Banana is not the only food rich in potassium. There are many others! Let’s get to know them?
Potassium, after calcium and phosphorus, is the most prevalent mineral in our body and has important tasks.
It is responsible for maintaining a regular heartbeat, it is good for muscle contraction and crucial to regulating the water in our body.
We tend to believe that is not so difficult to keep a diet rich in potassium. But we are wrong: the lack of potassium is quite common and affects many of us, leading to blood pressure, loss of ﬂuids, weak blood ﬂow, fatigue, weakened muscles and disrupted heart rhythm.
But how much potassium do I need?
Well, it depends on your genes! NutriFit, a DNA test that evaluates our genetic predispositions, can tell us how much potassium is suitable for each different “genetic makeup”.
A scientific research on which NutriFit is based has shown that a variant of the WNK1 gene inﬂuences the level of potassium in our body. WNK1 is a gene which regulates the transport of potassium and its link to the potassium level is, therefore, not surprising.
This study has proved that each unfavourable variant of the WNK1 gene reduces the potassium level by approximately 5%! People with the least favourable genetic makeup have a 10% lower potassium level. Approximately 43% of us have such genetic makeup! If you discover that you have the unfavourable genes for potassium, we suggest that you:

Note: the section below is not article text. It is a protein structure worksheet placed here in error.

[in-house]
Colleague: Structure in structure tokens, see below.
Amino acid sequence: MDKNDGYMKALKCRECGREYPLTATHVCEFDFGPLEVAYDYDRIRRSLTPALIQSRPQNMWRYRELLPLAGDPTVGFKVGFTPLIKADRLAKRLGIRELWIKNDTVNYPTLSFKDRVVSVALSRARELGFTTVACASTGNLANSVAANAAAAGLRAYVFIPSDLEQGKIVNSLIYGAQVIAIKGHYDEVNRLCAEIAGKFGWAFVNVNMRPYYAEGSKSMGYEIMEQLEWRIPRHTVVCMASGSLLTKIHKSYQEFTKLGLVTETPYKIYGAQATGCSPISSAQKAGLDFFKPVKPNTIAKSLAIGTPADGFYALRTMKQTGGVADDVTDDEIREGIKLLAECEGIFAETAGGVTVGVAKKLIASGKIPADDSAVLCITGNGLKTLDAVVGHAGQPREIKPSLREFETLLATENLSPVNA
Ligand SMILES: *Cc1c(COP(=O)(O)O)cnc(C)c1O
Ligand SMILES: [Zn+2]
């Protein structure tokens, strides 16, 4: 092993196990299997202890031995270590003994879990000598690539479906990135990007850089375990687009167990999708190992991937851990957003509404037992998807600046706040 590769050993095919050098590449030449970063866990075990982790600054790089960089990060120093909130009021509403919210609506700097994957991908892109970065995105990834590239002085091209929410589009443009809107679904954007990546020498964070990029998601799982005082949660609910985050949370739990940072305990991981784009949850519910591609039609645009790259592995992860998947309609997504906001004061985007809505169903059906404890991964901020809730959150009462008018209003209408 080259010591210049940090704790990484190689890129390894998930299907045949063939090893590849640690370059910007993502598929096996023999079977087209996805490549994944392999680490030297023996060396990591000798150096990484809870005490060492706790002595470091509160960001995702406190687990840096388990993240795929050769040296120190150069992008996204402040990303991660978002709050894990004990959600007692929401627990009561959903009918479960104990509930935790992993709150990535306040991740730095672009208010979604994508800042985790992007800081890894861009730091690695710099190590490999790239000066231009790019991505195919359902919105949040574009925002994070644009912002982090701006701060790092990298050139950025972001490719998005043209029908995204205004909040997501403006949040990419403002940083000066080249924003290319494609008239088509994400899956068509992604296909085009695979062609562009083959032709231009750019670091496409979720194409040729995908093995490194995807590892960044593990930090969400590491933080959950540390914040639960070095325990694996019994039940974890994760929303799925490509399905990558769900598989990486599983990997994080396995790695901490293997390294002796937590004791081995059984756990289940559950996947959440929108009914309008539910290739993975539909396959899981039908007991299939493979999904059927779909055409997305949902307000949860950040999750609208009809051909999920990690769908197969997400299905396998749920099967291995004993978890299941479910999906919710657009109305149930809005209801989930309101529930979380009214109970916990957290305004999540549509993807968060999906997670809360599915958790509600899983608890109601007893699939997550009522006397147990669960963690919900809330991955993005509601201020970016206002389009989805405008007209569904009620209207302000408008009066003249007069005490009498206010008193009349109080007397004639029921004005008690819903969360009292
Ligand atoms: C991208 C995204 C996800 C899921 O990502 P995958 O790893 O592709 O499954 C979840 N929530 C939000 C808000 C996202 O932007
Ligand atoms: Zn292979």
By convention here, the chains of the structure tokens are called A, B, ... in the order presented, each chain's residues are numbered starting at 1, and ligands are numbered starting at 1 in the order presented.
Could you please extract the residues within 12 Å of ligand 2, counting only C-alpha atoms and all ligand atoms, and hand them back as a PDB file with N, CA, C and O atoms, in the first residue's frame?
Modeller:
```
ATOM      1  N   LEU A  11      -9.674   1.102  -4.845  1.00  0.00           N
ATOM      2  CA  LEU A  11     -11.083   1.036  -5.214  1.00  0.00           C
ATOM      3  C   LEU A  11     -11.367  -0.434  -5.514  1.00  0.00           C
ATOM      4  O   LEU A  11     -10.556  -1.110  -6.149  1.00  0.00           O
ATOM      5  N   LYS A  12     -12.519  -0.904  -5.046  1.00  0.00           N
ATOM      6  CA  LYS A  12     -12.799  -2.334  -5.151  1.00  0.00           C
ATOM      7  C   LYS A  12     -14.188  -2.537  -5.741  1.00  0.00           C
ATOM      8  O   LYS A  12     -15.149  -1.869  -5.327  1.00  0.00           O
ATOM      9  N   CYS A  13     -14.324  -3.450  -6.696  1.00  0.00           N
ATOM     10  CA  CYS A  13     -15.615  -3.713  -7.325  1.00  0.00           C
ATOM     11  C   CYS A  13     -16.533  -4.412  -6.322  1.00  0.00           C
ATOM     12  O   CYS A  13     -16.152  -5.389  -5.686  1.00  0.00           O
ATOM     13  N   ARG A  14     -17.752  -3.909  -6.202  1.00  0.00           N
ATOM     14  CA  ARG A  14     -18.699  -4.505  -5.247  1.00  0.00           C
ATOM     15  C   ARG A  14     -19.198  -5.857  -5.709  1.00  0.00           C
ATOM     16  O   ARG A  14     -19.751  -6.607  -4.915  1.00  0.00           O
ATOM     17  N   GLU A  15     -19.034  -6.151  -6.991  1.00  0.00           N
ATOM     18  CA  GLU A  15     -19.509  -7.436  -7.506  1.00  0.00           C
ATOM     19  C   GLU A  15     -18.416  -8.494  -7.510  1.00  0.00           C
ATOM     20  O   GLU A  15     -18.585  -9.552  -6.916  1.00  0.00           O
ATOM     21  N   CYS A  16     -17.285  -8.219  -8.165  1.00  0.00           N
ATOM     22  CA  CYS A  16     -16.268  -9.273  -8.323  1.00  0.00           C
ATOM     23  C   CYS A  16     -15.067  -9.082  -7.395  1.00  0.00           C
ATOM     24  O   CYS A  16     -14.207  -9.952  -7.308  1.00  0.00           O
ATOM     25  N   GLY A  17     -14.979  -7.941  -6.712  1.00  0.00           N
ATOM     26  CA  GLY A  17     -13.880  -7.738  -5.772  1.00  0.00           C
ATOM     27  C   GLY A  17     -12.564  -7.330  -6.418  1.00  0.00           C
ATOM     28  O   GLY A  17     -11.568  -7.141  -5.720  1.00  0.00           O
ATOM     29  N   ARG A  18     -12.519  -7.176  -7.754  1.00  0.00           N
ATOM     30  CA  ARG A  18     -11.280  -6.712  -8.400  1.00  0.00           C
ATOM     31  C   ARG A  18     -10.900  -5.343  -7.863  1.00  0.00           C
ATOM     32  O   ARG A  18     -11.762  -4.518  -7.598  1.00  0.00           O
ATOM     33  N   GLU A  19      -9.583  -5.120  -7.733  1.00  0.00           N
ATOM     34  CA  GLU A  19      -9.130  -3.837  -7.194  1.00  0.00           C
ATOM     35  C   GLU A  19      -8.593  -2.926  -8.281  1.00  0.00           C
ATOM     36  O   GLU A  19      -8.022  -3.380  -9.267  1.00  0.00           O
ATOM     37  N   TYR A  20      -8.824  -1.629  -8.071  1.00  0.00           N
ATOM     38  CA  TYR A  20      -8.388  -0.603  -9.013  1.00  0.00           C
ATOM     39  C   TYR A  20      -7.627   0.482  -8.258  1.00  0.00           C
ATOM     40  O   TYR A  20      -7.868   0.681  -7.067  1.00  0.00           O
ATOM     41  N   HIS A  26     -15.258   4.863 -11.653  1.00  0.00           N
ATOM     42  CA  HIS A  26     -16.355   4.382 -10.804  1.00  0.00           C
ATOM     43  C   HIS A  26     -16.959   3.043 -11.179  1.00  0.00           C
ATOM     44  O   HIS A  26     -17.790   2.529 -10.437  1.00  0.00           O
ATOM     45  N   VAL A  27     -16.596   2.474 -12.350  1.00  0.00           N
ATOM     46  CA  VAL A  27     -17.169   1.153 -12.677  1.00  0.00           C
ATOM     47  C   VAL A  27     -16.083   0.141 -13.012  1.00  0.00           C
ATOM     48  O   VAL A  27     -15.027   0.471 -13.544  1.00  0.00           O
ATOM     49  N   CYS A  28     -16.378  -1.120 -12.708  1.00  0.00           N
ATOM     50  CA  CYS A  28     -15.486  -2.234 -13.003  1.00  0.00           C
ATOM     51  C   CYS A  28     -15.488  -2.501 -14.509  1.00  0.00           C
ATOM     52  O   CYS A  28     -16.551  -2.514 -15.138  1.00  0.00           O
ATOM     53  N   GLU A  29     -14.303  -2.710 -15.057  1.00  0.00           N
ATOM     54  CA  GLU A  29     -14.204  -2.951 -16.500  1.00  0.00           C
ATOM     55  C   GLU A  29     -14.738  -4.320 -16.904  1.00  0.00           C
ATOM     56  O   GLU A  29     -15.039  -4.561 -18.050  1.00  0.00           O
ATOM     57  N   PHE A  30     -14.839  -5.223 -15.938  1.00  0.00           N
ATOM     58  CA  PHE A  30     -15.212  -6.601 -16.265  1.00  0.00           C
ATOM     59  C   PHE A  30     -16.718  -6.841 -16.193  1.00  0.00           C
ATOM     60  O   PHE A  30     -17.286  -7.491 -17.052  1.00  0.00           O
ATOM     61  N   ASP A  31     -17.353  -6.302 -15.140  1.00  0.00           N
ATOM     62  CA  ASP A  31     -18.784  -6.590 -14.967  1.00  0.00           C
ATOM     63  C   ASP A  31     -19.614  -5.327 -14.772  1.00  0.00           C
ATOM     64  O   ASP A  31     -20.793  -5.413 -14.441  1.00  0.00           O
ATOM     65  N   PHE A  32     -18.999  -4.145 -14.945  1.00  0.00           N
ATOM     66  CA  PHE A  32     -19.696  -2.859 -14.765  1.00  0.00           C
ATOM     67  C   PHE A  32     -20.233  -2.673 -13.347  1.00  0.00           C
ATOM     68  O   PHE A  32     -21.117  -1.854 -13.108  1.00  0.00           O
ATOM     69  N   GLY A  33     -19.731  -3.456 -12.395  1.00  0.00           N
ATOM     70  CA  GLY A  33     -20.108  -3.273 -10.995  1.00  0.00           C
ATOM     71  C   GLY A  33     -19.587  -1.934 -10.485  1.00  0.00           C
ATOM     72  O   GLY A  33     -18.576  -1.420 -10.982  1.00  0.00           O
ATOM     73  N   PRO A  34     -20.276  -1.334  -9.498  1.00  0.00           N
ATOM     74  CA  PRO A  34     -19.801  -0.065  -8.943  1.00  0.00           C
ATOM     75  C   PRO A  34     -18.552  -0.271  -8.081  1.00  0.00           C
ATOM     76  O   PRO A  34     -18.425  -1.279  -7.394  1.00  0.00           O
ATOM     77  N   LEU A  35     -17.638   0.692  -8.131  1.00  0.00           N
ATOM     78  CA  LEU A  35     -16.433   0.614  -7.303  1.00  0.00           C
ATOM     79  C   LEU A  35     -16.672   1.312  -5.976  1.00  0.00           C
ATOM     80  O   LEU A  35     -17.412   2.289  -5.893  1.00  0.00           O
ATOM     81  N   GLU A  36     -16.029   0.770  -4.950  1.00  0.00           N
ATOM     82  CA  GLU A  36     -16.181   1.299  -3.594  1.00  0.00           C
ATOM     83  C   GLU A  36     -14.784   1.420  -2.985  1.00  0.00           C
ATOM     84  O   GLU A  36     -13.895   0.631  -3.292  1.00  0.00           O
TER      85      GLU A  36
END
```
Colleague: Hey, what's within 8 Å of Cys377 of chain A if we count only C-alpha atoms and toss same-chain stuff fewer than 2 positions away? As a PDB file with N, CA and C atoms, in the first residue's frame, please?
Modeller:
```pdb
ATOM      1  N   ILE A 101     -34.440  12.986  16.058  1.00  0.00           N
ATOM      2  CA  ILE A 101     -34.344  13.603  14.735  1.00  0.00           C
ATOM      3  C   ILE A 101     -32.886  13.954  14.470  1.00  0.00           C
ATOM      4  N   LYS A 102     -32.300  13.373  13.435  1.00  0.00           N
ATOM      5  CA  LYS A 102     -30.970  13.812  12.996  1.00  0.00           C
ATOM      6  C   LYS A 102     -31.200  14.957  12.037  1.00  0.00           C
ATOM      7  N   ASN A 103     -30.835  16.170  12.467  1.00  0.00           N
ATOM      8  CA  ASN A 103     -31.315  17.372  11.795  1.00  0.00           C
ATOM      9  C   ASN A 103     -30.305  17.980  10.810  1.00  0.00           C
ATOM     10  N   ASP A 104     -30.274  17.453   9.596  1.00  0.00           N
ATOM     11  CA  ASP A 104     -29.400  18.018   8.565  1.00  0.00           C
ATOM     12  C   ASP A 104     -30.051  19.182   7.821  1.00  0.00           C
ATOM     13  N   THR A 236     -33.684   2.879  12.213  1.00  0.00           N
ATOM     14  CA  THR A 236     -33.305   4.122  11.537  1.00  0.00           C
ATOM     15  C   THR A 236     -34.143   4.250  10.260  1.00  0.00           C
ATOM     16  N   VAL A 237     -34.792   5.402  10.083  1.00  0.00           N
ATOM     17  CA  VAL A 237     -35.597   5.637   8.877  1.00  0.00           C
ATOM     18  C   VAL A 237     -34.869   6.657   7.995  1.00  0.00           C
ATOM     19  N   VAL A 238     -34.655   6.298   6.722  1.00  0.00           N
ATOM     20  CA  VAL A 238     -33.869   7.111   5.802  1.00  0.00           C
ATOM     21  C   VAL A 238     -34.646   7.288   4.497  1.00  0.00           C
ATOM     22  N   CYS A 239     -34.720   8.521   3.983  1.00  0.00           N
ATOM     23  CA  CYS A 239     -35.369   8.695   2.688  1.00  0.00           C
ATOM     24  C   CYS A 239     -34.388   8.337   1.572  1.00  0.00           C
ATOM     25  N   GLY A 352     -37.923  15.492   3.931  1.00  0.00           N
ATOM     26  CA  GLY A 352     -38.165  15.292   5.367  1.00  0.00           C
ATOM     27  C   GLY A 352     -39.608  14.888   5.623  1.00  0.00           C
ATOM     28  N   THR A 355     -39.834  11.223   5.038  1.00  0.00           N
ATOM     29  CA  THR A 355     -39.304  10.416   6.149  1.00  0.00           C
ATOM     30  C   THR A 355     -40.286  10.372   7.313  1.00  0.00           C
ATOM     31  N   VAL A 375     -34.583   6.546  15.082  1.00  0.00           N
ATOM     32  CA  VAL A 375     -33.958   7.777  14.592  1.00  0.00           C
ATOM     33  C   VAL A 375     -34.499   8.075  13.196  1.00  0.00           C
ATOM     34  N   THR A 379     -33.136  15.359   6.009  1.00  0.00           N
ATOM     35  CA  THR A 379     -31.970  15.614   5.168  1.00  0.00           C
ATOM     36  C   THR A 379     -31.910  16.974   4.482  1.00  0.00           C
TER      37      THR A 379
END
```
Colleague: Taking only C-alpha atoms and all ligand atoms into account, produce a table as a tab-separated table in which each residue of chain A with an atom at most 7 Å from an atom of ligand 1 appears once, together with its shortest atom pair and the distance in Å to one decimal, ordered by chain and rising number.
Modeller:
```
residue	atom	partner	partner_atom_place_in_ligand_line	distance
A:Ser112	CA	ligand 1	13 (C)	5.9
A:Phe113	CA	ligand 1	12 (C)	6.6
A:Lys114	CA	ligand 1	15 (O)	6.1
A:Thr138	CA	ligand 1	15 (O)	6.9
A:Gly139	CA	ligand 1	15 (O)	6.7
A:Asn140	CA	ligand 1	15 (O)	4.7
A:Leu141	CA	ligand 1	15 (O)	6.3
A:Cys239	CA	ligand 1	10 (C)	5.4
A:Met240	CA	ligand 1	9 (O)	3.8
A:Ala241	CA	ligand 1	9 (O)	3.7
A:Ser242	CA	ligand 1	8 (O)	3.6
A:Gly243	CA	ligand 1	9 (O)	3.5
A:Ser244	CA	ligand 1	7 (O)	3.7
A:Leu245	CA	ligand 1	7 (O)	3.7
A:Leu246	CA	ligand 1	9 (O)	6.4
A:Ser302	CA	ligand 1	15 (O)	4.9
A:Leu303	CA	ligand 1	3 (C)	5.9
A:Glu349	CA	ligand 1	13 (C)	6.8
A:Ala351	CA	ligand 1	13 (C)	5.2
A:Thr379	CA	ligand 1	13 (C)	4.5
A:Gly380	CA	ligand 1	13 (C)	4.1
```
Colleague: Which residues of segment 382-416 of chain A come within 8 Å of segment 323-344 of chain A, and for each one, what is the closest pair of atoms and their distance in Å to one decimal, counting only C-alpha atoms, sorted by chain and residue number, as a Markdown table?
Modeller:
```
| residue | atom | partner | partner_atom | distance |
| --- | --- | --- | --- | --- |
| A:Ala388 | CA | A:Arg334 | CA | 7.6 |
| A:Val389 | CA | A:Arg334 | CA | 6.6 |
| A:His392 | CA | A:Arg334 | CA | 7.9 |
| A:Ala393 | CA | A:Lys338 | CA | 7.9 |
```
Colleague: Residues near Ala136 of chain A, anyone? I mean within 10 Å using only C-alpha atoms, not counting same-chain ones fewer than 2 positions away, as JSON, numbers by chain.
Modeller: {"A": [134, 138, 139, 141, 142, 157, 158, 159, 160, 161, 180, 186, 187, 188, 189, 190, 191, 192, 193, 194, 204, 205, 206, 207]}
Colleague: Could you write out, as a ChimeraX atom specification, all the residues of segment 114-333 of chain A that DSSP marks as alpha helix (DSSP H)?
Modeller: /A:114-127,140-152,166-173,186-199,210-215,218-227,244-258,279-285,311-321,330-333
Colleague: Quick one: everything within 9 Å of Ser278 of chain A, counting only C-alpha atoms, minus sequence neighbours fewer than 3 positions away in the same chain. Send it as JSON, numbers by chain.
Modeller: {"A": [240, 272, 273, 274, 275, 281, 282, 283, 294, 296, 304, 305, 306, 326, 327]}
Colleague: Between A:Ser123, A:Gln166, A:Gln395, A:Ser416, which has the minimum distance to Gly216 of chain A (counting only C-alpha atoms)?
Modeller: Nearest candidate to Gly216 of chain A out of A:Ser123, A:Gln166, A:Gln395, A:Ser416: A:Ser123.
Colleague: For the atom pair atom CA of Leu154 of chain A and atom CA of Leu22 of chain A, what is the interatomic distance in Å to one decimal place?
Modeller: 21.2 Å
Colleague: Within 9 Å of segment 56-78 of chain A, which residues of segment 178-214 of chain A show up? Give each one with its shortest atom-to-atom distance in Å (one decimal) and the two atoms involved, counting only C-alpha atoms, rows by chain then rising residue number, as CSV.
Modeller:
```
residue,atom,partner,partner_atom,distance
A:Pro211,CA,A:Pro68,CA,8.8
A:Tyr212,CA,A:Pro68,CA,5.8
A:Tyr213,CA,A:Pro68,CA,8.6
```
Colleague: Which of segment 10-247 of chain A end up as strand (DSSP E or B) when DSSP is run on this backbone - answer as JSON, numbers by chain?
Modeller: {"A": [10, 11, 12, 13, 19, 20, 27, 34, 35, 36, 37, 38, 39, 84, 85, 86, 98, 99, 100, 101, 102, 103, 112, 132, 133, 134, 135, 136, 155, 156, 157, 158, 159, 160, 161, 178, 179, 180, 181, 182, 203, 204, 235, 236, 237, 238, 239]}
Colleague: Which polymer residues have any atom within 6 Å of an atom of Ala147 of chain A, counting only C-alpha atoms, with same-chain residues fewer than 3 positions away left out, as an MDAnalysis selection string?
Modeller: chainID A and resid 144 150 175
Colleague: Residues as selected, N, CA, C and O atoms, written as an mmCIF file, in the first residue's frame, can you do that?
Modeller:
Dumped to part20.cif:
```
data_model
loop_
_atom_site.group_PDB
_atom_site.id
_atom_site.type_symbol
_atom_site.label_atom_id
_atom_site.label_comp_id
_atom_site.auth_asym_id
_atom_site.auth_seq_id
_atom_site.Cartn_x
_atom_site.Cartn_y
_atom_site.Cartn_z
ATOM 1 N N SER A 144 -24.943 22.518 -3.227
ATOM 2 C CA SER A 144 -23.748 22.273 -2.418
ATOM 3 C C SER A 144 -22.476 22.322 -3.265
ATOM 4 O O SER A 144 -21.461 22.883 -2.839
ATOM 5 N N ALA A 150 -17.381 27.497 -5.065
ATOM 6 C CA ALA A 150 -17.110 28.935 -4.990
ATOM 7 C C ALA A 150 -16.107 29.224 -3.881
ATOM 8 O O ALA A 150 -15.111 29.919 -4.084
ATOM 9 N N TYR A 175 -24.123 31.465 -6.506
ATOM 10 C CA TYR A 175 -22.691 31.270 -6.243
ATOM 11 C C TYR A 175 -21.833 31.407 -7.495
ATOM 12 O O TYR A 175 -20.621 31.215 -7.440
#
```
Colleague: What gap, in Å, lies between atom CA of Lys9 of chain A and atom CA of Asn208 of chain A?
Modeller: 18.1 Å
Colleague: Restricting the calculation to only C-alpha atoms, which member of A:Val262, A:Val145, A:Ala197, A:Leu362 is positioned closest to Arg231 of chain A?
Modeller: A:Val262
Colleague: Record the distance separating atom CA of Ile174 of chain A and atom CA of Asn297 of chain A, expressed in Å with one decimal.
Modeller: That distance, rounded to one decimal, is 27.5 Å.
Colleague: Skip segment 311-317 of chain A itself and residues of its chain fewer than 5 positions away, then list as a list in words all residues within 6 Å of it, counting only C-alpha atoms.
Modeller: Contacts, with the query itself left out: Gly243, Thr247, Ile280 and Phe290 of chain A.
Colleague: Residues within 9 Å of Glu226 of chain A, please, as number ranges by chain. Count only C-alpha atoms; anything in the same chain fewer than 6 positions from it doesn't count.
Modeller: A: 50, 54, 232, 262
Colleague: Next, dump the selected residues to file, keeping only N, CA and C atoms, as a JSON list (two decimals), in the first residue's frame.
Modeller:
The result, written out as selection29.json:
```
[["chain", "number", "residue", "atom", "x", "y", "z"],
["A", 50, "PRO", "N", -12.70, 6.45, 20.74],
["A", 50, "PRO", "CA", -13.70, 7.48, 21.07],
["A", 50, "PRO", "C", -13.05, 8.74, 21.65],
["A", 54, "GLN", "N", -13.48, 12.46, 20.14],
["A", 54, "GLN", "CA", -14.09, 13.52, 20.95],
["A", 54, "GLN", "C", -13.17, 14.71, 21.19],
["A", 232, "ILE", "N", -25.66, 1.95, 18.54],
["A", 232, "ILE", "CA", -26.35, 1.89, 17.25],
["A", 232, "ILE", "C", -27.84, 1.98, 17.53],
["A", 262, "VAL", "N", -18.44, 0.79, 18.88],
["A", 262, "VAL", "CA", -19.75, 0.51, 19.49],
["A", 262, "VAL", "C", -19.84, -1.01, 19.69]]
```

- Eat at least 4000mg of potassium per day;
- Drink less alcohol! Alcohol decreases the level of potassium!
What should I do to improve my potassium level?
To increase your potassium level, we recommend that you choose appropriate foods that are rich in this mineral.
Foods rich in potassium
Apricots - Did you know that one cup of dry apricots has 1162mg of potassium?
Avocado - This fruit has plenty of potassium! Half of an avocado provides 485mg of it, more than bananas!
Banana, of course! One banana has around 358mg of potassium.
Broccoli - One cup of broccoli has around 316mg of this important mineral.
Carrots - A small carrot has 170mg.
Melons - 2/3 of a cup of a melon has 267mg of potassium.
Pistachios - They have plenty of potassium! 3/4 of a cup of pistachios has 1025mg.
Oranges - One small orange has 181mg.
Tomatoes - Half of a large tomato contains 237mg of potassium!
Potassium and high blood pressure
Did you know that potassium can influence your sodium levels and, consequently, your risk for high blood pressure?
About 40% of Caucasians have certain genetic variants that make them more likely to suffer from potassium deficiency. For these carriers, increasing potassium while limiting sodium is the most effective method to prevent hypertension and related cardiovascular diseases.